Live below your means

How to live below your means?

Just because you can afford it, doesn’t mean you should buy it.

Suze Orman

At a time where we can’t know for sure what our future looks like, it has become very important to be prepared for your future financially. Everything is changing so quickly and the idea of having a consistent income, job safety, and future job prospects may be quite doubtful.

The best way to always ensure that you have a financial buffer is ..

drum roll..

you are not gonna like it..

..

is to live below your means.

This is how the wealth is built, rich people make their money. This is the only way I can think of where you can live comfortably with some financial security, and it will allow you to prepare for times of uncertainty. Remember, you can never outearn bad spending habits.

Here are some strategies that will help you making better financial decisions –

  1. Stick to a budget – Budget doesn’t have to be super strict and tight. Lets face it if I never had a flat white in the morning and never had take away lunch, I may save $12 on the day but I would constantly be stressed about money, whenever I bought one. Make room in your budget for things you need, have to have, and nice to have, but in moderation. Cutback on things you are okay to live without. Once you make that decision stick to it. Check out my previous blog post on how to plan your finances and on how to manage your monthly expenses.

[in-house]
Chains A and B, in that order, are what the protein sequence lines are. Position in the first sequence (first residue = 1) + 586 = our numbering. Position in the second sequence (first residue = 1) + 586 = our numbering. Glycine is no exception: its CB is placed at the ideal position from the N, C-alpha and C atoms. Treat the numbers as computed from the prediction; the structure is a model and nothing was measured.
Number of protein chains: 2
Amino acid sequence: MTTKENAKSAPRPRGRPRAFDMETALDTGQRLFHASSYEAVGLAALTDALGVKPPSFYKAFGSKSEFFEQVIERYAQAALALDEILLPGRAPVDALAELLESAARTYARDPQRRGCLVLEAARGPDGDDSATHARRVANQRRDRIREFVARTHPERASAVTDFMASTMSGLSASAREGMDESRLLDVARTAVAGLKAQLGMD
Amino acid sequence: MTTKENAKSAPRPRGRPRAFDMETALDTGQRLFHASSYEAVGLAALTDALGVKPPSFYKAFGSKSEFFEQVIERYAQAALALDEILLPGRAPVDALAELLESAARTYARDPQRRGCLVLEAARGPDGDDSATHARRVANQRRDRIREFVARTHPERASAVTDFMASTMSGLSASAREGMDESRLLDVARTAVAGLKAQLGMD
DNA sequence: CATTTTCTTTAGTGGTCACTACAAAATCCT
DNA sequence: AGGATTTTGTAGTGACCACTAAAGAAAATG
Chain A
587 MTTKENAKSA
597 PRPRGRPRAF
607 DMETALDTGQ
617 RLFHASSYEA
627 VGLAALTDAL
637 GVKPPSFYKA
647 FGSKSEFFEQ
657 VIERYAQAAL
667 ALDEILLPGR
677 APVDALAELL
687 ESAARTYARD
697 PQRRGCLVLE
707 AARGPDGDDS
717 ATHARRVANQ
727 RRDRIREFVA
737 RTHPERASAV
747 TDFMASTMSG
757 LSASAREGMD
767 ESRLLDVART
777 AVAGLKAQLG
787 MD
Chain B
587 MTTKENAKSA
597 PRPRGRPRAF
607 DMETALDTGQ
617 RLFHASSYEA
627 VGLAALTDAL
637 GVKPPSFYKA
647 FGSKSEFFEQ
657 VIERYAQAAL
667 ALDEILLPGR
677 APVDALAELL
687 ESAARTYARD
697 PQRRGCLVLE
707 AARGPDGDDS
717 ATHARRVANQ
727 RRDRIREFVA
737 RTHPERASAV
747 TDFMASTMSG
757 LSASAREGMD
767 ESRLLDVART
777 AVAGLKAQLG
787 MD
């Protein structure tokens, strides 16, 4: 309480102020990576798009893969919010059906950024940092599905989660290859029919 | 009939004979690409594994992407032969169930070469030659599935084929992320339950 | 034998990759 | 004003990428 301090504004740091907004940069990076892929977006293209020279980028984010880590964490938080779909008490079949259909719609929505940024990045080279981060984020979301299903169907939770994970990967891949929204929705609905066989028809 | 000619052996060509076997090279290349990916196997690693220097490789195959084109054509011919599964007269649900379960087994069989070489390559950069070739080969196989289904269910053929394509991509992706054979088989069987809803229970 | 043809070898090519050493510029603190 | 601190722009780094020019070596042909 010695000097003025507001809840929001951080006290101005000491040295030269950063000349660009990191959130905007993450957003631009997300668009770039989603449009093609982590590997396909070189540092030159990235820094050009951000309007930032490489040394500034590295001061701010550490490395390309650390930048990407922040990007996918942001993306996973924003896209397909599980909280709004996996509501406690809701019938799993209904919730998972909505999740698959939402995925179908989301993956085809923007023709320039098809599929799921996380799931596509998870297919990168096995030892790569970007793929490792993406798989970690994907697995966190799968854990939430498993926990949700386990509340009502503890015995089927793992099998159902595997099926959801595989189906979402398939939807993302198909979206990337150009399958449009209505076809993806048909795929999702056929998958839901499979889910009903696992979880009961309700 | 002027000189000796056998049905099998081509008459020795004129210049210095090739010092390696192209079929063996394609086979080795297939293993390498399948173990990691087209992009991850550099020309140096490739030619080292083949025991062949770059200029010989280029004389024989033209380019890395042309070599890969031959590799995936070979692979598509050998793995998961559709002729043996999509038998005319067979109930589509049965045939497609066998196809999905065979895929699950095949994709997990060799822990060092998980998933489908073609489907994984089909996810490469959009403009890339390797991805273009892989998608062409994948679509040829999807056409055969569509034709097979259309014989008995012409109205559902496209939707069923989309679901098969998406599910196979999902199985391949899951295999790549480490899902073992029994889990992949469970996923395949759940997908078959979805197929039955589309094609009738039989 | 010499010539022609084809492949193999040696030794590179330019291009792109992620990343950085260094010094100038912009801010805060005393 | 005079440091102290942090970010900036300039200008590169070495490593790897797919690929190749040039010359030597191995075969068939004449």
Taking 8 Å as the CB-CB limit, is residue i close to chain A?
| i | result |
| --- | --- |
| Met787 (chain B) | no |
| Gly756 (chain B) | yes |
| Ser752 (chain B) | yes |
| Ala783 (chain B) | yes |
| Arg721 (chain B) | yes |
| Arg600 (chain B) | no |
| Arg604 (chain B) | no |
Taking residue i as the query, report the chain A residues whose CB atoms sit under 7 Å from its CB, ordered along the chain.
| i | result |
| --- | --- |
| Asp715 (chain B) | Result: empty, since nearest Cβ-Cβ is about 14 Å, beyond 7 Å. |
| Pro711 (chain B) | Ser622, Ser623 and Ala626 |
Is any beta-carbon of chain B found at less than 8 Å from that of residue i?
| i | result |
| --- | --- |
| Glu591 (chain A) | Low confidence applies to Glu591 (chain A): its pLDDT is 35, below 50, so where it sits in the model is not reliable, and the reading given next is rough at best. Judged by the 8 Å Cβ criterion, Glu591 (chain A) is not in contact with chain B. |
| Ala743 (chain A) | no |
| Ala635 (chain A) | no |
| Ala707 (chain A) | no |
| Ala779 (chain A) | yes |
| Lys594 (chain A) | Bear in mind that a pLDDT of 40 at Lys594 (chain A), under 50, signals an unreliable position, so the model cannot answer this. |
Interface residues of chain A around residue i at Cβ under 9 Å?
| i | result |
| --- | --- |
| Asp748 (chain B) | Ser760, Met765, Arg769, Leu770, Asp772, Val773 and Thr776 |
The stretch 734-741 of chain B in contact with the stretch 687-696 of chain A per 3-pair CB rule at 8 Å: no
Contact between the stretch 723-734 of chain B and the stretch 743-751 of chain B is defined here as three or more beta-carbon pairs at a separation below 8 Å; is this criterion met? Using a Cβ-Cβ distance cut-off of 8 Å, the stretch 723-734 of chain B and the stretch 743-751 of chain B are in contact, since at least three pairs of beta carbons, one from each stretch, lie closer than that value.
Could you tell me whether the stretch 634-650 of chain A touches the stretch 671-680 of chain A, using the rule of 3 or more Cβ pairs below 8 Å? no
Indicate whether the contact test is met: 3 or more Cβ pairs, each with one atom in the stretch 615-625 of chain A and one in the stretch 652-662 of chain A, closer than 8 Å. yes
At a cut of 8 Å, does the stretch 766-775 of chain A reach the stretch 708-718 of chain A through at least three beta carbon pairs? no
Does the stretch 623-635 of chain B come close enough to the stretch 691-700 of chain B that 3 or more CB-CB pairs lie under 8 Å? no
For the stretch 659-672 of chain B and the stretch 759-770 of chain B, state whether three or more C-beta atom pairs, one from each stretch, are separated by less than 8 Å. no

2. Change your mindset – The mindset that budgeting is being restrictive with your money is what holds us back from following one. Change it from ‘restrictive’ to ‘giving you freedom that allows you to do things you love’.
  3. Monthly subscriptions – This is a huge money drain. Any membership sites that you don’t use routinely (Eg, Netflix, Stan, Hulu, HBO, Disney, Gym, Amazon prime, Costco, Foxtel, Hotstar, I am sure there are more I don’t even know of) are just money out of your bank for no reason. They add up very quickly.
  4. Mortgage repayments – We are now in the process of buying a house. We made a decision early on of having a hard maximum amount we could afford. That amount was set so out mortgage payments are similar to the rent we pay at the moment. This mortgage payment is going to be around for a major part of out life. Having it at a cost we can afford with our current salaries and still be able to save, travel, and invest in things we love, was important to us. I would not recommend going into massive debt and then start hoping for a promotion to be able to start saving again. Downsize if you have to. You are responsible for your own finances. If you are doing this to impress someone, then remember, they are not going to be coming to pay your mortgage when you can’t.
  5. Increase your income – If you have time on your side, consider getting a second income to help add some cushion into your savings. Why would you not want an extra $100 per week, right?

We are all in this special time with COVID 19, experiencing new things in our lives for the first time. Even though the chances of this happening again in our lifetime is quite rare, it definitely seems like a good idea to be financially prepared for circumstances such as these.

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